Atrial Septal Defect
When you find out that your child has an atrial septal defect, also referred to as an ASD, you want to know how to take care of it, immediately. At Mount Sinai Children’s Heart Center, in partnership with Mount Sinai Heart, we get you in to see one of our expert pediatric cardiologists quickly. Our doctors specialize in treating babies and children with all types of heart conditions, including congenital (present at birth) heart defects like ASD.
We help you understand your child’s heart and how an ASD may affect his or her overall health. And we make sure that your child gets an accurate diagnosis and the treatment needed. That’s what we’re here for.
About Atrial Septal Defect (ASD)
An atrial septal defect (ASD) is a hole between the two upper chambers of the heart (the atria). An ASD occurs when the wall between the right atrium and the left atrium does not form completely. Larger ASDs allow too much blood to flow from the left atrium to the right atrium, and that extra blood goes to the lungs.
Just as each child is unique, each ASD is unique to that child. Treatment depends on the size and location of the hole in the atrial wall.
Most ASDs are:
- Secundum defects—holes usually located in the center of the atrial septum (the wall that separates the heart’s left and right sides)
Other types of ASDs include:
- Sinus venous defects—holes located at the edge of the atrial septum. Sinus venous defects often involve abnormal drainage of the pulmonary veins (vessels that bring blood back from the lungs to the heart)
- Primum defects—part of a partial atrioventricular canal defect, Primum defects involve a cleft leaflet (a split in the tissue) of the mitral valve (located between the left upper and left lower chambers of the heart)
Many children with an atrial septal defect have no symptoms at all. However, other children may experience the following symptoms:
- Reduced tolerance for exercise in older children
- Struggling to feed and gain weight in babies
If your child has an ASD with extra blood flow to the lungs, this may produce a heart murmur, which is a whooshing sound in the heart that your child’s doctor can detect during a routine checkup.
While your child may have no symptoms of an ASD, we may recommend repair for defects that are large enough to cause too much blood to go to the lungs. We usually recommend repair during early childhood. If left untreated, a child may eventually develop an abnormal heart rhythm or high pressure in the lungs, and early repair can prevent that. Once a child develops this abnormal heart rhythm, it is difficult to treat, even if the ASD is closed.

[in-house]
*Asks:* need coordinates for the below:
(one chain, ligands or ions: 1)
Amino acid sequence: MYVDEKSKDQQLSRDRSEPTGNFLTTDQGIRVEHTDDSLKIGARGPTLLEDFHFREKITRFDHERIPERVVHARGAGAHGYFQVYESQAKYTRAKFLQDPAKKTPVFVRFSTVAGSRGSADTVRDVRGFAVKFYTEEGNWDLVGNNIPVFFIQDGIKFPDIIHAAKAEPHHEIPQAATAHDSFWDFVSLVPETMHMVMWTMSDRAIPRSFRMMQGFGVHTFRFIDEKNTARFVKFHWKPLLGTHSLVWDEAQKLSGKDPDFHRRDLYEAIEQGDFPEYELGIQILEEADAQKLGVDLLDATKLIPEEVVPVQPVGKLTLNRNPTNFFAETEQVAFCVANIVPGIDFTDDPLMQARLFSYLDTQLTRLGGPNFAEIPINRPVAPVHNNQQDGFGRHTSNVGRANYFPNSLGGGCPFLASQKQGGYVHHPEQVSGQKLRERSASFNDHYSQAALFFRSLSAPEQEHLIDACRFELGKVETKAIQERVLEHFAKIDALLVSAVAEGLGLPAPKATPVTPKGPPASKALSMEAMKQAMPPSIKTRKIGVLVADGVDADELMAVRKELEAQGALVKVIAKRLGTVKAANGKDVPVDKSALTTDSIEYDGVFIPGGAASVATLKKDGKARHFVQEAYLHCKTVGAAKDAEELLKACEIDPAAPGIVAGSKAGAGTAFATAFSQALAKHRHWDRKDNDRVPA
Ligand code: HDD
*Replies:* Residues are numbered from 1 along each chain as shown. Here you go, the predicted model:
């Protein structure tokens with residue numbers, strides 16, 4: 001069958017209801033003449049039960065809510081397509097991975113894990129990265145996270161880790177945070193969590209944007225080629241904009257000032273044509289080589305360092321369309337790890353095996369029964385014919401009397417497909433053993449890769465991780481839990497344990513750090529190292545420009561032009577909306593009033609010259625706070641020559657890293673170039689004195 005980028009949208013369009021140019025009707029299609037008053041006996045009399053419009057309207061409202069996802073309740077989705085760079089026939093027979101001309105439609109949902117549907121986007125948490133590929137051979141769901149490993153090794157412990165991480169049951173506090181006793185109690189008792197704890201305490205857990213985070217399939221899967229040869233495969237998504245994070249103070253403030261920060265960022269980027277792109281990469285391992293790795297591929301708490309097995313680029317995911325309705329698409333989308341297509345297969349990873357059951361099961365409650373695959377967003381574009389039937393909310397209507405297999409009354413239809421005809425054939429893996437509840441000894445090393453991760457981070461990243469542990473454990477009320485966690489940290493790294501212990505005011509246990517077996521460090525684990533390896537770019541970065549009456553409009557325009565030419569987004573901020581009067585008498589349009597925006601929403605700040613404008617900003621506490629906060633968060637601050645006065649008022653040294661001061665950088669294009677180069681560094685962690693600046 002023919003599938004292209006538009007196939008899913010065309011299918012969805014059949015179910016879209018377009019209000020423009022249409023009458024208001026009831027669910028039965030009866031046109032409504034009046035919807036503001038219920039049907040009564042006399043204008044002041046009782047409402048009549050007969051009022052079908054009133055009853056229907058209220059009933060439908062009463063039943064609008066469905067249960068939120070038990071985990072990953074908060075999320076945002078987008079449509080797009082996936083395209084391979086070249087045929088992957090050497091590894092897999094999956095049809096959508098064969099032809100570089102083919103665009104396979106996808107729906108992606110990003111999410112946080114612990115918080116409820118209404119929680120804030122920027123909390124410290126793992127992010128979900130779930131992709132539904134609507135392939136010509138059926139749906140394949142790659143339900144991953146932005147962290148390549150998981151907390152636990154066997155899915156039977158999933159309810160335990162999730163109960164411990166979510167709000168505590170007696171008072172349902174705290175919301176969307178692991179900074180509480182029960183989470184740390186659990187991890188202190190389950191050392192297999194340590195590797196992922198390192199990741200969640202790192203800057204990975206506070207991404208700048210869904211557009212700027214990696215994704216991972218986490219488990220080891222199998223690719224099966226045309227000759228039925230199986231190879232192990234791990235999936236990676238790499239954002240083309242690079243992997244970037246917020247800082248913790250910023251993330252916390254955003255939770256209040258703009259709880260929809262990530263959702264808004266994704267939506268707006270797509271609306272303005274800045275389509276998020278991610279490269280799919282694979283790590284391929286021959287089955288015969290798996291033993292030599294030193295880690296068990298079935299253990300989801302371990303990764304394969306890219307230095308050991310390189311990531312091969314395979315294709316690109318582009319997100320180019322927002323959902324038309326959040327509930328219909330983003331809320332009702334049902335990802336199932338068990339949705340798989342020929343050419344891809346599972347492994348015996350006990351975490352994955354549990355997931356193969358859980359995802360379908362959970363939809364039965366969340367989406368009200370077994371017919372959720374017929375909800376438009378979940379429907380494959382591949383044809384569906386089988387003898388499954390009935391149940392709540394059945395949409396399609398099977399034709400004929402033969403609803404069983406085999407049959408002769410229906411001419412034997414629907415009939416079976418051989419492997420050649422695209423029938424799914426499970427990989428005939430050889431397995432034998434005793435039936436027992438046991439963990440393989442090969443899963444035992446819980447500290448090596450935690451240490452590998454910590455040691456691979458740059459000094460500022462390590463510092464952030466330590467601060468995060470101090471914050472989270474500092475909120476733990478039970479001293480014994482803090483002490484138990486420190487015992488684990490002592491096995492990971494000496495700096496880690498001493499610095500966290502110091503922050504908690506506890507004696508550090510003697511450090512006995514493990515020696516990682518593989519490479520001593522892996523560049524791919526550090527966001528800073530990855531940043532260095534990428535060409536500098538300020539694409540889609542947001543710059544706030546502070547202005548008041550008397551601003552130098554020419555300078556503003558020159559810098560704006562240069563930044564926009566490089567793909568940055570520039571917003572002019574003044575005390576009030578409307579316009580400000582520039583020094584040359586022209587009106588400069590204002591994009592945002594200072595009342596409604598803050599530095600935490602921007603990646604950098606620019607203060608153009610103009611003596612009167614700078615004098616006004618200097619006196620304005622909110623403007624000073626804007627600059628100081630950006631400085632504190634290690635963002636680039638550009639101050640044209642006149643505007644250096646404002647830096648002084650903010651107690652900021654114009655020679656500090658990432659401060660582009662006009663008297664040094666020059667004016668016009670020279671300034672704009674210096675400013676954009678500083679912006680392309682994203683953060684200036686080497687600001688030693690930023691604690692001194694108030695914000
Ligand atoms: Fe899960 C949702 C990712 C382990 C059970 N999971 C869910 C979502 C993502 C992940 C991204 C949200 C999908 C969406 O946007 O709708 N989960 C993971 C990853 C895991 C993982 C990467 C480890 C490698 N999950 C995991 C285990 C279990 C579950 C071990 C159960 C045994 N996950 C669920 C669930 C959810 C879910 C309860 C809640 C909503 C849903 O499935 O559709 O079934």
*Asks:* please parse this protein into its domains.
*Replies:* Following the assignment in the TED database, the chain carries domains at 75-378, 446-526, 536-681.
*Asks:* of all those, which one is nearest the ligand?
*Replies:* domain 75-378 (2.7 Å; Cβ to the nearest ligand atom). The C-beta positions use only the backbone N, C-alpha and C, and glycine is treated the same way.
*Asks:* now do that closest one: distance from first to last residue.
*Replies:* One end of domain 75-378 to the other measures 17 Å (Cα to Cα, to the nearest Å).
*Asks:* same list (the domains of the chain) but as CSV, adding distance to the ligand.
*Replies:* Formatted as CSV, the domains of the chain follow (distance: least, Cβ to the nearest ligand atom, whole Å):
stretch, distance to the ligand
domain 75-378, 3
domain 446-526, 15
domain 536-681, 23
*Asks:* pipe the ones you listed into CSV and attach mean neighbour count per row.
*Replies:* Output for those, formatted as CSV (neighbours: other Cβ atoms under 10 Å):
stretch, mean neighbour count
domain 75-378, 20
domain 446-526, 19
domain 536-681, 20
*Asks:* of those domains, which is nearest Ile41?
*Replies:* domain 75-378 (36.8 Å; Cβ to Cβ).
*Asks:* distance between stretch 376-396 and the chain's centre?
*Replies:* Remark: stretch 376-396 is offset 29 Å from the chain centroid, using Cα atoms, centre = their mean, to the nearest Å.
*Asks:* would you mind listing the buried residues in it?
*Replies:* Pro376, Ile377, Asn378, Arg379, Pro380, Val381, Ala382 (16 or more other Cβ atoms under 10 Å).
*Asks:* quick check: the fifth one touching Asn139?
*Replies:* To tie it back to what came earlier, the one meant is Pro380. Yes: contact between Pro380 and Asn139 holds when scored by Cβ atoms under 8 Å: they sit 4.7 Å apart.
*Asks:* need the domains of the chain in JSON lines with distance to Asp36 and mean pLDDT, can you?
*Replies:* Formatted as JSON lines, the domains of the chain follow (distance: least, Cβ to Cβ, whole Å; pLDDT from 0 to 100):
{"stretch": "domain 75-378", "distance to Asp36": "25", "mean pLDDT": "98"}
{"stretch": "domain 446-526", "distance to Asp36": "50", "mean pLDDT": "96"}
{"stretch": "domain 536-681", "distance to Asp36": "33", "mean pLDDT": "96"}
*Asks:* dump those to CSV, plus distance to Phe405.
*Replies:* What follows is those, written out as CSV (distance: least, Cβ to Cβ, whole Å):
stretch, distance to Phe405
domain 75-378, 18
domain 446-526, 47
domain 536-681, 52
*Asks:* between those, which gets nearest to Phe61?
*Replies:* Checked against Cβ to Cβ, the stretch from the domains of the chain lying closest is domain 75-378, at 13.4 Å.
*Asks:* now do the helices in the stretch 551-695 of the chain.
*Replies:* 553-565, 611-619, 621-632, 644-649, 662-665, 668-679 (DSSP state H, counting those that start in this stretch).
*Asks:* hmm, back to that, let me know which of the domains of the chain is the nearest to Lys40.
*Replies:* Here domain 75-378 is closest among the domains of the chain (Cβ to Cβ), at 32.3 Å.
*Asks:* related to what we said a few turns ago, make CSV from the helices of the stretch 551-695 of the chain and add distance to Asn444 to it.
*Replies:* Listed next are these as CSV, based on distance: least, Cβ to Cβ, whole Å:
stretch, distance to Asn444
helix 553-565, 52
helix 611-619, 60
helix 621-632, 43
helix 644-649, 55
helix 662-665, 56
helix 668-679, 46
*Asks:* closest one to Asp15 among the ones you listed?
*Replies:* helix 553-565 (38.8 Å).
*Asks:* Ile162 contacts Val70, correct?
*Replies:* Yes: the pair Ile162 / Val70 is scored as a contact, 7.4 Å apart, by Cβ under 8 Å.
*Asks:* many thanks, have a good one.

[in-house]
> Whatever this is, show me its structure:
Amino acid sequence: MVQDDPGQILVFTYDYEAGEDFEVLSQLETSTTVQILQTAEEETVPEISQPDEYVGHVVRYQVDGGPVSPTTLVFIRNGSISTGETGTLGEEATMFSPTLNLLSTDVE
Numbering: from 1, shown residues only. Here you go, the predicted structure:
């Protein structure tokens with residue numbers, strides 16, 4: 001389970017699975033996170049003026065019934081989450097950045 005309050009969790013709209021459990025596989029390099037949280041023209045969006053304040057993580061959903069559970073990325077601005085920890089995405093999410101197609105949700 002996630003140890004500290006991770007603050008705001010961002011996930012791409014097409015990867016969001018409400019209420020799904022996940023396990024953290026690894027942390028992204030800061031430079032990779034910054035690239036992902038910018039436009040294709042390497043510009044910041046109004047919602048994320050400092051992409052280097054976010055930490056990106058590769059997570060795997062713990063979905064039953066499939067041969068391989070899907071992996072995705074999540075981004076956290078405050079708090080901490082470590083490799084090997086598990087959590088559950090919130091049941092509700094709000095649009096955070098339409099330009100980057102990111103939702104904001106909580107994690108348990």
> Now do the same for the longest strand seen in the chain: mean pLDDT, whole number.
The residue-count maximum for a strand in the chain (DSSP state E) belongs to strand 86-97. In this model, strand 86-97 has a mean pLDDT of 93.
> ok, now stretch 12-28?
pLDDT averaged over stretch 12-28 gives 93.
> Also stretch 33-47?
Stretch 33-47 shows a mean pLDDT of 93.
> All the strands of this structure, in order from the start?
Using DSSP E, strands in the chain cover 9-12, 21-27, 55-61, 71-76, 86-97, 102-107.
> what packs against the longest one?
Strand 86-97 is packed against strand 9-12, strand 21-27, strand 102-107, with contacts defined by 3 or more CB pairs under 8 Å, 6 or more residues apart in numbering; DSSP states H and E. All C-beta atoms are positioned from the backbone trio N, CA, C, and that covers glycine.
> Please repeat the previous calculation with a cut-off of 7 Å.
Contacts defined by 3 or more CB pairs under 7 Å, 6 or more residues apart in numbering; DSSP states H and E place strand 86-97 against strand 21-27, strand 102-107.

To diagnose an ASD and determine the exact size and location of the hole, your child will have some of the following tests:
- Echocardiogram—a safe, noninvasive procedure that uses ultrasound waves to create an image of the size, shape, and movement of your child’s heart, valves, and chambers along with how blood flows through (also called an echo or cardiac ultrasound)
- Electrocardiogram (ECG or EKG)—a record of the electrical activity or rhythm of the heart that shows how your child’s heart is beating. It is non-invasive and obtained by placing stickers on your child’s chest.
- Cardiac MRI—an imaging test that uses safe, powerful magnets and radio waves to create pictures of your child’s heart, sometimes used in sinus venosus defects, a type of ASD.
Treatments We Offer
Many small ASDs may close on their own and require no treatment. Even if small ASDs do not close on their own, they usually don’t need treatment because they do not allow excessive blood to go to the lungs.
For larger holes, that allow excessive blood to go to the lungs, there are two ways to close them, cardiac catheterization, and surgery.
We can close secundum ASDs with a heart catheterization. However, if your child has a very large or more complex secundum ASDs, we may need to perform surgery to close them.
Other types of ASDs that require surgical closure include sinus venous ASDs and primum ASDs.
- Cardiac catheterization—a minimally invasive procedure. We insert a thin, flexible tube (catheter) through the groin into a blood vessel and up to the heart. Through the catheter, our interventional cardiologist places a device in the hole to seal it.
- Open heart surgery—a procedure that uses a heart-lung machine to maintain the function of your child’s heart and lungs. Our surgeon closes the ASD by sewing a patch in the hole, or sewing the hole shut. Once the blood starts flowing normally, we no longer need to use the heart-lung machine since your child’s heart is beating strongly.
Successful closure of your child’s ASD will restore the heart’s normal blood flow.
Additional procedures or interventions should not be necessary. However, we advise you to you continue follow-up care with your child’s pediatric cardiologist. At Children’s Heart Center, we are always available to care for your child.
Why Choose Children’s Heart Center?
At Mount Sinai, our pediatric cardiologists are highly experienced in diagnosing, monitoring, and treating childhood heart disorders, including atrial septal defects. We are available to meet with you at your convenience to explain your child’s condition and your options for care. We treat your child with tenderness and expertise, and we offer comfort and compassion to you and your family as you focus on the health of your child.
Our Children’s Heart Center in New York City offers the finest and most personalized care for your child, achieving outstanding results. Here, you know your child is in good hands.